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7/12/2008

Navarra: A Spanish Kingdom's Wines Wear the Versatility Crown

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Text & Photographs by Gerry Dawes©2010

Immortalized in the Middle Ages in the French poem Chanson de Roland (whose legendary setting is in the hills above the Pyreneen village of Roncesvalles); its capital Pamplona made famous the world over in the 1920s by Ernest Hemingway in The Sun Also Rises; and again in the 1960s by James A. Michener in Iberia, beautiful, rugged and evocative Navarra is arguably Spain's most versatile wine region.

Located in mountainous north central Spain, Navarra is hemmed to the north by the Pyrenees (and France) to the north/northwest by Basque Country, to the west/southwest by La Rioja and to the east/southeast by Aragón, a climatic range that includes high mountains, green northern zones, the arid Ebro River basin in the south and a desert called Bardenas Reales. These varied climatic influences, which include very important temperate zones provide a breadth of truly great winemaking potential. 


Chardonnay at Chivite's Arinzano Estate
 
Several of its wineries have proven just that: Its first-rate Chardonnays are among the finest in Spain; garnacha-based rosados rank with the best in the world; the cream of Navarra's Bordeaux- and Rioja-style wines (especially from bodegas such as Julián Chivite) stand alongside many of Spain’s most distinguished reds; and late harvest moscatels — Aliaga, Chivite and Ochoa to name three — are counted among the most delicious dessert wines in the country. Navarra even boasts a stunningly good, little-known, old-fashioned vino rancio known as Capricho de Goya that rates in the high 90s on nearly everyone's point scale.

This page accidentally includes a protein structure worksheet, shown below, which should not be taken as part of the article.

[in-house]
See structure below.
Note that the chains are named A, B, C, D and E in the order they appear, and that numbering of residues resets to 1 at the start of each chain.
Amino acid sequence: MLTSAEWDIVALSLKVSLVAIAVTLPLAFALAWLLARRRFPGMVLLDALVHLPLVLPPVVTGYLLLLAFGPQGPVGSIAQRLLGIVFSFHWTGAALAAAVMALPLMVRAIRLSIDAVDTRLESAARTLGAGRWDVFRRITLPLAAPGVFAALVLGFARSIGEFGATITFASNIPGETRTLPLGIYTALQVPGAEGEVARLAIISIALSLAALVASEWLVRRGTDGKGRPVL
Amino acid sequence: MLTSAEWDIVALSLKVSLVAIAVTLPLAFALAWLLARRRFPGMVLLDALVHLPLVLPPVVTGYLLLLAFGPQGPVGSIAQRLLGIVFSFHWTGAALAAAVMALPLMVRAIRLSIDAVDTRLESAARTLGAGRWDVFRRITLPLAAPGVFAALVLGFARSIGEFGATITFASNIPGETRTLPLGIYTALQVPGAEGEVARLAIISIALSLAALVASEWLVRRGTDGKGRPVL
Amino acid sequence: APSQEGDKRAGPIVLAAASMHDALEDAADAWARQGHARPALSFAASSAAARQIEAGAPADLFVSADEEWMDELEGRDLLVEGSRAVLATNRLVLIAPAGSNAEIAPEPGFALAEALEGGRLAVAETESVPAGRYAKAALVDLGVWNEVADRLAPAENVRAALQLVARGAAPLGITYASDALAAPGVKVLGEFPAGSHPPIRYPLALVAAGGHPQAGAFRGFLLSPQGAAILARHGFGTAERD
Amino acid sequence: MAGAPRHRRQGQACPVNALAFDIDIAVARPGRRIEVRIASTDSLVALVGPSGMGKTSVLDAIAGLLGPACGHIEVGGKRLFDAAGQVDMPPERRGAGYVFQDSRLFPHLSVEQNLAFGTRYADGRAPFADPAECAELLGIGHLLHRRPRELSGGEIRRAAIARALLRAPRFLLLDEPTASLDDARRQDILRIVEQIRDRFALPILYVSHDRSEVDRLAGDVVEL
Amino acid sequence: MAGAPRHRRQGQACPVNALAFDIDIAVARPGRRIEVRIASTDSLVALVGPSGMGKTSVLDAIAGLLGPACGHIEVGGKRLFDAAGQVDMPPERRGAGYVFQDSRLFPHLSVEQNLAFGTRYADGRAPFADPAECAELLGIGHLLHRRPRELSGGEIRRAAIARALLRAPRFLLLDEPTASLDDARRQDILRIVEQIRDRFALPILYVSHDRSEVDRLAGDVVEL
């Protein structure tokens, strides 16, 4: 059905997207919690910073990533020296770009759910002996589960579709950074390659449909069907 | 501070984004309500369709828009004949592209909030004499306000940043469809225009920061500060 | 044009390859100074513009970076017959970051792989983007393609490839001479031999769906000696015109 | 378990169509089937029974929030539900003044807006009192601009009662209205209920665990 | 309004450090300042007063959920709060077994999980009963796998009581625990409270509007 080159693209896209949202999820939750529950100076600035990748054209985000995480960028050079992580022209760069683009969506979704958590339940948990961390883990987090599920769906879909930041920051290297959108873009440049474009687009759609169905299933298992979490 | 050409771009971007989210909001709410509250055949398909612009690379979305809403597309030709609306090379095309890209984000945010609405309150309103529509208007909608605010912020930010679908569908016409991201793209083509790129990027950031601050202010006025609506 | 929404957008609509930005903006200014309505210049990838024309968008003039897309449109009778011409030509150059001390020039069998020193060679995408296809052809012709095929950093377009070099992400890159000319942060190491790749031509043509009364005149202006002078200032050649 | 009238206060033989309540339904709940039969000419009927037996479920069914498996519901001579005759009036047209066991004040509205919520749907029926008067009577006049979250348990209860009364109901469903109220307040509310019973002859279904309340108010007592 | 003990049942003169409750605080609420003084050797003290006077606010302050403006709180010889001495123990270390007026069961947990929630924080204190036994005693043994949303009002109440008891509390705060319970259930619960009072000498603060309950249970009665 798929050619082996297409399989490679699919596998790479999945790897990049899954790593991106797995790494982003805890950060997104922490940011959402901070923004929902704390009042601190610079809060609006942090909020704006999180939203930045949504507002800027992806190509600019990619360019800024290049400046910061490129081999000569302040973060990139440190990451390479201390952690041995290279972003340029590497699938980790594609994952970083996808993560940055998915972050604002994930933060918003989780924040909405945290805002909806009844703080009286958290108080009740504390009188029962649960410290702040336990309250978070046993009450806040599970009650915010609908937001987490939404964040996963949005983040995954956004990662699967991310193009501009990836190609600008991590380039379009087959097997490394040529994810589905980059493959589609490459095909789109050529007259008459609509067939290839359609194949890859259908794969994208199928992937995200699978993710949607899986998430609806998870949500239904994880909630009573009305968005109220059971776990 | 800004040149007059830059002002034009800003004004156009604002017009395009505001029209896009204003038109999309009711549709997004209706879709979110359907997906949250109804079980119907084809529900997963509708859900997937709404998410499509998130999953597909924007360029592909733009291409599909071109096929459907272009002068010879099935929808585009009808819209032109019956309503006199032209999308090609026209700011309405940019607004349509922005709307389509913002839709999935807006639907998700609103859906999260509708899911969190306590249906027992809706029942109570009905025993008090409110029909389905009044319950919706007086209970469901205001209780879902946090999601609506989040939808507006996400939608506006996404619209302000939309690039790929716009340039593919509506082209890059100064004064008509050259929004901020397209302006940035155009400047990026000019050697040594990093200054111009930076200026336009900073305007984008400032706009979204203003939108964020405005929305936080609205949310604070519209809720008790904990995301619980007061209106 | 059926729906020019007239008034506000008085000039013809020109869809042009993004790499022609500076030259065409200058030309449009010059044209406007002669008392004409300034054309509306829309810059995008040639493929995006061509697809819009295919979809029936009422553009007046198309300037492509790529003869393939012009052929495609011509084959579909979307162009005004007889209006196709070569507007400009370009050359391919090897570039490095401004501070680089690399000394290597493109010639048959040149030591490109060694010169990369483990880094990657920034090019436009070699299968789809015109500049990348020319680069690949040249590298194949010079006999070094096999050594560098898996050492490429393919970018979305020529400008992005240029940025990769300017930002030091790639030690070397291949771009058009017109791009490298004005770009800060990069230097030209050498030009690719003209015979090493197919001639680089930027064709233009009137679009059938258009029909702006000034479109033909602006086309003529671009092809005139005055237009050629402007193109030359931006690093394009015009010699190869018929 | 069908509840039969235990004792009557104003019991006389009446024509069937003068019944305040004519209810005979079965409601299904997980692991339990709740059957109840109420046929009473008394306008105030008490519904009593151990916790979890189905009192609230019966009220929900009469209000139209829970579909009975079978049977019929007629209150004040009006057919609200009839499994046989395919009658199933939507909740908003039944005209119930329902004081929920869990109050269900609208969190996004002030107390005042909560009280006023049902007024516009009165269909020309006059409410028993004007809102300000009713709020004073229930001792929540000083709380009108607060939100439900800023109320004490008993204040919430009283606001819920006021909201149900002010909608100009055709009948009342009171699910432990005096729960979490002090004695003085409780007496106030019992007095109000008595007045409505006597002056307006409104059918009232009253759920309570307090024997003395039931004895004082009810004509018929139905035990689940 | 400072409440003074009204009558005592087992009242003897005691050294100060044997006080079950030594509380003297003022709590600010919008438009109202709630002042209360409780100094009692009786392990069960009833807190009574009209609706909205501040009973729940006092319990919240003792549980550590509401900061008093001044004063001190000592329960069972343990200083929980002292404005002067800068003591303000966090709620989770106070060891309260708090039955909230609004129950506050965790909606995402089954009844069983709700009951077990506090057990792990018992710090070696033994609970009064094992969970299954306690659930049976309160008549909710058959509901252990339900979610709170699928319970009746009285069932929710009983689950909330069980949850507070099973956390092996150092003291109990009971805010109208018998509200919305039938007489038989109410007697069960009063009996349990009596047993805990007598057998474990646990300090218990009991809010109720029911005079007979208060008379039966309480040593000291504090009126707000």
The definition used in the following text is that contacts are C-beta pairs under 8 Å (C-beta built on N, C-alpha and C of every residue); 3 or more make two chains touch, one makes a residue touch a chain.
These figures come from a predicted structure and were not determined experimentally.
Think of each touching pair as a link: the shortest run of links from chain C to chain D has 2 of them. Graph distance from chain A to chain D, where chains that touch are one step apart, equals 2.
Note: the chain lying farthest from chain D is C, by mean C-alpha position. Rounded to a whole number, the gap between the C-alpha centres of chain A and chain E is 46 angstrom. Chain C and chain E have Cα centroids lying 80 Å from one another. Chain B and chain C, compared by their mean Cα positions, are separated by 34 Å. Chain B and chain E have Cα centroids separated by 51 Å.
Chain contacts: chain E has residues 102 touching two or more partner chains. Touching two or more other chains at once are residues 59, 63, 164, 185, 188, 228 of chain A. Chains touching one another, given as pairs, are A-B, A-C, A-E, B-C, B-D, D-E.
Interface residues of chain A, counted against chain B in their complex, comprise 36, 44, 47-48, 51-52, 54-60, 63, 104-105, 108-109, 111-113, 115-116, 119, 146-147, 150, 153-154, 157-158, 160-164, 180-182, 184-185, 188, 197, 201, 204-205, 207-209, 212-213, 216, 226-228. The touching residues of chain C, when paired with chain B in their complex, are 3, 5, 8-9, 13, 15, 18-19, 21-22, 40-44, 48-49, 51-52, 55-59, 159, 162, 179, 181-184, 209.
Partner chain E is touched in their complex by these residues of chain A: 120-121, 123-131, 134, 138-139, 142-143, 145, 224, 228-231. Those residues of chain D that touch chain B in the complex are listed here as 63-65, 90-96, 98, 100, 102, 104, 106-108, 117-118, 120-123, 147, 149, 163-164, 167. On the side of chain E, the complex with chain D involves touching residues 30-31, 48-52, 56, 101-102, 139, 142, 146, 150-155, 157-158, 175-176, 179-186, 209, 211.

Bodegas Camilo Castilla
 
Wines have been made here since the Roman occupation, as evidenced in southern Navarra along the Ebro River by the remains of several wineries, such as the one at Funes, that date back more than 2,000 years. In the Middle Ages, Navarra was a sprawling kingdom that included Bordeaux, French Navarre, parts of La Rioja, portions of the Basque Country (mountainous northern Navarra and Pamplona, called Iruña in Basque) and Aragón.



Roman Winery at Funes in Southern Navarra
 
Navarra's importance was vital in establishing the Camino de Santiago pilgrimage route that buttressed the Christian frontier, especially in the 12th and 13th centuries, when Cistercian monks arrived to establish monasteries and plant vineyards all around northern Spain.
Chardonnay at Chivite's Arinzano Estate
 
Several of its wineries have proven just that: Its first-rate Chardonnays are among the finest in Spain; garnacha-based rosados rank with the best in the world; the cream of Navarra's Bordeaux- and Rioja-style wines (especially from bodegas such as Julián Chivite) stand alongside many of Spain’s most distinguished reds; and late harvest moscatels — Aliaga, Chivite and Ochoa to name three — are counted among the most delicious dessert wines in the country. Navarra even boasts a stunningly good, little-known, old-fashioned vino rancio known as Capricho de Goya that rates in the high 90s on nearly everyone's point scale.

Bodegas Camilo Castilla


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